Accounting Systems - Accounting Basics

What are the different systems followed by accounting?

Accounting follows two types of systems:

  • Single Entry System
  • Double Entry System

Single Entry System

A system of accounting which is incomplete and is followed by small businessmen with few numbers of transactions is known as Single entry system. Personal accounts are opened and maintained by the business owner. Subsidy books are sometimes maintained. The preparation of profit and loss account and balance sheet is not possible as real and nominal accounts are not opened and hence it is not possible to ascertain the position of profit or loss or the financial position of the business entity.

Double Entry System

A scientific accounting system followed throughout the world without any disputes is known as Double entry system of accounts. It was developed by Luco Pacioli in 1984. Under this system each entry has a debit and credit aspect, implying that the assets of the business are also equal to the liabilities of the business.

Assets = Liabilities

Rules of Debit and Credit under Double Entry System of Accounts

The rules of the debit and credit which are known as the golden rules of accounting are as follows:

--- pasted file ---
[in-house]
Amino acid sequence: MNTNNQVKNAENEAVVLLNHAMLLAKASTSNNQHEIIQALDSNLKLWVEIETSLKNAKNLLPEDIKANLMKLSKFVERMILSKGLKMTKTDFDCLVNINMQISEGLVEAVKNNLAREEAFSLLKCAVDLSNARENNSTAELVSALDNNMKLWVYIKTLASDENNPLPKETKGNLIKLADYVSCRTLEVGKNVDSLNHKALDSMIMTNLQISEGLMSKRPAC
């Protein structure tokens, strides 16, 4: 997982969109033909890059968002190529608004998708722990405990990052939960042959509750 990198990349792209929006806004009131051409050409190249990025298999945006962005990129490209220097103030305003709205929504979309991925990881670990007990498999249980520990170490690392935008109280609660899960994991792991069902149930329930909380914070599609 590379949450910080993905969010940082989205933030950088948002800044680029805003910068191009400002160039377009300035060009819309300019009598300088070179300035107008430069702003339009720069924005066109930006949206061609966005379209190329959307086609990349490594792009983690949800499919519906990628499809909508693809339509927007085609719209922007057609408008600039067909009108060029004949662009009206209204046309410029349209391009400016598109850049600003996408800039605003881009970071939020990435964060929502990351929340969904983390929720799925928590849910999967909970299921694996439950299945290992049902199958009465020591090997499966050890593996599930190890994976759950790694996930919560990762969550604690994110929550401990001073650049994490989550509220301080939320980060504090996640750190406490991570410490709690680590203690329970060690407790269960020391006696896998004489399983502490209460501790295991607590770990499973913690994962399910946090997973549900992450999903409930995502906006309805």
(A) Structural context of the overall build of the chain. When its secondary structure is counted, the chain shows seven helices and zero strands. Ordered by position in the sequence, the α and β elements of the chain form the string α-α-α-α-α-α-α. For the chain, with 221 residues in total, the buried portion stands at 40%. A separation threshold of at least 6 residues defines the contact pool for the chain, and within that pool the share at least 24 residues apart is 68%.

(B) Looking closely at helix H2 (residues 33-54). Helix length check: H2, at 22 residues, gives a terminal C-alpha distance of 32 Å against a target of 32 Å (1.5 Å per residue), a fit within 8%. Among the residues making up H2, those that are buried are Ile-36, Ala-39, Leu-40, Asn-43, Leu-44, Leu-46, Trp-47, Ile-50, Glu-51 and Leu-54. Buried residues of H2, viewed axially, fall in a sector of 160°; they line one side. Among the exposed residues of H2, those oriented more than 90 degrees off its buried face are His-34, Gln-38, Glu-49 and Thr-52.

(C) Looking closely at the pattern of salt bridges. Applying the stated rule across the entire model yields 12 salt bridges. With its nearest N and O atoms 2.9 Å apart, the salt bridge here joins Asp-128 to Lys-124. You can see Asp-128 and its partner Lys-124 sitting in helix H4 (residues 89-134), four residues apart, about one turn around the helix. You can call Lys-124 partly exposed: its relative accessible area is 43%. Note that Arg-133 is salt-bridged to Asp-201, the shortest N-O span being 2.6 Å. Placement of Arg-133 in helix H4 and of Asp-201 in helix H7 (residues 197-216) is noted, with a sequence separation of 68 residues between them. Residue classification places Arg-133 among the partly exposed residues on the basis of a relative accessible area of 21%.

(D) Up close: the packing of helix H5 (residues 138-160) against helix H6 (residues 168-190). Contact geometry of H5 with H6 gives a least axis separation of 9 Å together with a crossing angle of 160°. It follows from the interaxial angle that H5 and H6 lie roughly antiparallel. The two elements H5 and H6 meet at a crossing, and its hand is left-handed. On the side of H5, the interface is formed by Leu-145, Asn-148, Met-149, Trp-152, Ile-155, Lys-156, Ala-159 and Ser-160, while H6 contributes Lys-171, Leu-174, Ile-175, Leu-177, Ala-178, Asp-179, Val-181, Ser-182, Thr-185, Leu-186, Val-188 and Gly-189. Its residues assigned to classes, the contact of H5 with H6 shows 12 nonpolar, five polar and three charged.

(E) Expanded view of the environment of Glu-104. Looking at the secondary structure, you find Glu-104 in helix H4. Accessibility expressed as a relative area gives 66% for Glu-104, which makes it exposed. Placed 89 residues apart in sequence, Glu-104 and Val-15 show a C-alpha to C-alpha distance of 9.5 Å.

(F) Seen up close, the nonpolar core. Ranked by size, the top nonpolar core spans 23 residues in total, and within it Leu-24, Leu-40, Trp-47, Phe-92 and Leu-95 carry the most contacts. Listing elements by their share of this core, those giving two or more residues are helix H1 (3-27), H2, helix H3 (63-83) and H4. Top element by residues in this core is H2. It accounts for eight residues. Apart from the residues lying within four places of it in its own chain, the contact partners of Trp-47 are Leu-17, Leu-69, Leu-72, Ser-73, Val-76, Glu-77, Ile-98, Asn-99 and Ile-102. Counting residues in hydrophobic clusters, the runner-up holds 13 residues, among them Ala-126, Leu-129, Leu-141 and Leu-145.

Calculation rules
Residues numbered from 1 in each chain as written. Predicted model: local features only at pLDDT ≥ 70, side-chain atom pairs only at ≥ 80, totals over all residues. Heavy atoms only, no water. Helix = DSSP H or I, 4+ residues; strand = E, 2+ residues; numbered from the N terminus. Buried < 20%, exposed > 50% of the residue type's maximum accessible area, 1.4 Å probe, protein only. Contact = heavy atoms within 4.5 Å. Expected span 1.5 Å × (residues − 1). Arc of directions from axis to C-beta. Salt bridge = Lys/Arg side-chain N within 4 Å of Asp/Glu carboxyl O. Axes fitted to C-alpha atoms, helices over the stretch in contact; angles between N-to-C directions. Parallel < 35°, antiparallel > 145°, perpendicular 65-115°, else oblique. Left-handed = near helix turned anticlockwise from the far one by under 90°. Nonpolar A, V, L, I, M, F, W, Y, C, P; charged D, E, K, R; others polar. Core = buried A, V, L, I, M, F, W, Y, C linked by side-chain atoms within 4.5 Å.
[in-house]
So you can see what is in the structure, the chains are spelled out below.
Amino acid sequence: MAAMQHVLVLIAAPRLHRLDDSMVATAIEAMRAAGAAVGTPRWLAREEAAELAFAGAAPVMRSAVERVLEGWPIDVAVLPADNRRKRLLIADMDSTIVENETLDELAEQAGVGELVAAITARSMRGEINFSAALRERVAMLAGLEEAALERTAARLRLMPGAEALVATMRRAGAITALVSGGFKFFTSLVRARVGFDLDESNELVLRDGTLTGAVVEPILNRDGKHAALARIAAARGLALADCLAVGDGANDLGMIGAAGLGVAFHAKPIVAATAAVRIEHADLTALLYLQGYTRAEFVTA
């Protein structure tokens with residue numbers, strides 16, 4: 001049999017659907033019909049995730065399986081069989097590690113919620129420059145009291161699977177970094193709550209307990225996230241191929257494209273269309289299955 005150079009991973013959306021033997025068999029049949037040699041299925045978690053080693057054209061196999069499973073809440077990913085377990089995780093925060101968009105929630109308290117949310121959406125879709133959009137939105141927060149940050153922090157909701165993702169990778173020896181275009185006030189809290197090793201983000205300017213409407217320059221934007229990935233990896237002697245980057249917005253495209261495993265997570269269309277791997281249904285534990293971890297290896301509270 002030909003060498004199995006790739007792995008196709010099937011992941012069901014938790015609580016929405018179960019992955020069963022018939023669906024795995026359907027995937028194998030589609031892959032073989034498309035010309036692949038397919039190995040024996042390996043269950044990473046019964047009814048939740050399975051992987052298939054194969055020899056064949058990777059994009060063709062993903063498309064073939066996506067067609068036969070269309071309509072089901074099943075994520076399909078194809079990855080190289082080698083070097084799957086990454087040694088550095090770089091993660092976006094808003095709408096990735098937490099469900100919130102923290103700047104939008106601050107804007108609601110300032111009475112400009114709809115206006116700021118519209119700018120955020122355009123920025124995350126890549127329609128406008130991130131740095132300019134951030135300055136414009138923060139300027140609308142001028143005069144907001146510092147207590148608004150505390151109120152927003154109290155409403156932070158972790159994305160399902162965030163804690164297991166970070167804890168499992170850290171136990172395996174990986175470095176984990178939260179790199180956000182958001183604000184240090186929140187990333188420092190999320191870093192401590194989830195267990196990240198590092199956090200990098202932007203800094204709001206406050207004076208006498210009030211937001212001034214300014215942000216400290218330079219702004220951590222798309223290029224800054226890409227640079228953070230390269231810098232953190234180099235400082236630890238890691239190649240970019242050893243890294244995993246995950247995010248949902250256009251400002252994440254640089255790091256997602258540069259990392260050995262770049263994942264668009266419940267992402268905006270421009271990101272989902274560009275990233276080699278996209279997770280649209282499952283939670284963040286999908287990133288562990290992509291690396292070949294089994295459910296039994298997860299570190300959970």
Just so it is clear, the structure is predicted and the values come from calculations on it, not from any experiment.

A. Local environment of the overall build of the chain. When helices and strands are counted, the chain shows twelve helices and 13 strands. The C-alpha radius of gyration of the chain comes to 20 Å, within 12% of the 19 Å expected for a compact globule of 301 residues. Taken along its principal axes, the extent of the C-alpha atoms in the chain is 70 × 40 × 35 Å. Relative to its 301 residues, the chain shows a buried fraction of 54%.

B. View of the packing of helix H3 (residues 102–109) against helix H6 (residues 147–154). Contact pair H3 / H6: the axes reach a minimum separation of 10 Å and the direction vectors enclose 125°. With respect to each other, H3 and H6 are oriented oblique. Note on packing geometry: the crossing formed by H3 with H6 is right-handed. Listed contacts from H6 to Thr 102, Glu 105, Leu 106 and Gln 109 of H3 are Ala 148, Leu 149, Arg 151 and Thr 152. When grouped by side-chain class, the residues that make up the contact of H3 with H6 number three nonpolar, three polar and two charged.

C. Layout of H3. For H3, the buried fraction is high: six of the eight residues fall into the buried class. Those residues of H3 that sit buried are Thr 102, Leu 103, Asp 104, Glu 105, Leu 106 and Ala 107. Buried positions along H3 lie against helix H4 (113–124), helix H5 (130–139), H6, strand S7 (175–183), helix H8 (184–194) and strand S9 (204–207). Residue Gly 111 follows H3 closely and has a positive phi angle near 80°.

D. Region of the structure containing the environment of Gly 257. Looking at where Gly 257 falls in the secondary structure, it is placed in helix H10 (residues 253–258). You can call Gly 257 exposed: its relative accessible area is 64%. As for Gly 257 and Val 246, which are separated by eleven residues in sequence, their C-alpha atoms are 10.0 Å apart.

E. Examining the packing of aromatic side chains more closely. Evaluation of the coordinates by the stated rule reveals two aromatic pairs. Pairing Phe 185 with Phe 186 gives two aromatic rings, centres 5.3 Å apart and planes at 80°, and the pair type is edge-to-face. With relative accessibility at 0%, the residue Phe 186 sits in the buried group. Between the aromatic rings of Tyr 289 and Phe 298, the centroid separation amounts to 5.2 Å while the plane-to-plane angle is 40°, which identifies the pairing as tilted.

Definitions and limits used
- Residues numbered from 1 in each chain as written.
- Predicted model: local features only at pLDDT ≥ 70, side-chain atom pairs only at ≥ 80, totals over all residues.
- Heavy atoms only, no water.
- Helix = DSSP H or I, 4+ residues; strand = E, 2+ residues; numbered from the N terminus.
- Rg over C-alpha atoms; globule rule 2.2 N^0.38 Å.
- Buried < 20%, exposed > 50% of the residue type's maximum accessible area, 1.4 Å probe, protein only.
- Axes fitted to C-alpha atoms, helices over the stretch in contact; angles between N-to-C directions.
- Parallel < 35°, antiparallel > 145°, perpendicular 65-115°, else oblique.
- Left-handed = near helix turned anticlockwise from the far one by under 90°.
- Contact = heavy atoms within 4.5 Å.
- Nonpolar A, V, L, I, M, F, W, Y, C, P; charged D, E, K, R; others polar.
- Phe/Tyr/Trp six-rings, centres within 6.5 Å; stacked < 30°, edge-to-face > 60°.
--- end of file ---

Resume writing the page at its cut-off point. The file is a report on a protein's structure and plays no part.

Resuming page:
Classification of accounts
Rules
Effect
Personal Accounts
Receiver is Debit
Giver is Credit
Debit=Credit
Real Accounts
What Comes In Debit
What Goes Out Credit
Debit=Credit
Nominal Accounts
Expenses are Debit
Incomes are Credit
Debit=Credit

Example

For instance, Mr A starts a business regarding which the following data is available.

Introduces Capital in cash
Rs
50,000
Purchases (Cash)
Rs
20,000
Purchases (Credit) from Mr B
Rs
25,000
Freight charges paid in cash
Rs
1,000
Goods sold to Mr C on credit
Rs
15,000
Cash Sale
Rs
30,000
Purchased computer
Rs
10,000
Commission Income
Rs
8,000

For each of the above items, the Journal entries are as follows:

S.No.
Journal Entries
Classification
Rule
1
Cash A/cDr.50,000
To Capital A/c50,000
Real A/c
Personal A/c
Debit what comes in;
Credit the giver(Owner)
2
Goods Purchase A/cDr.20,000
To cash A/c20,000
Real A/c
Real A/c
Debit what comes in;
Credit what goes out
3
Goods Purchase A/cDr.25,000
To B A/c25,000
Real A/c
Personal A/c
Debit what comes in;
Credit the giver
4
Freight A/cDr.1,000
To cash A/c1,000
Nominal A/c
Real A/c
Debit all expenses
Credit what goes out
5
C A/cDr.15,000
To Sale A/c15,000
Personal A/c
Real Account
Debit the receiver
Credit what goes out
6
Cash A/cDr.30,000
To Sale A/c30,000
Real A/c
Real A/c
Debit what comes in;
Credit what goes out
7
Computer A/cDr.10,000
To cash A/c10,000
Real A/c
Real A/c
Debit what comes in;
Credit what goes out
8
Cash A/cDr.8,000
To commission A/c8,000
Real A/c
Nominal A/c
Debit what comes in;
Credit all incomes

The above example explains clearly the working of the rules of debit and credit. It is observed that each entry has a dual aspect. In each of the cases, debit will be always equal to credit.

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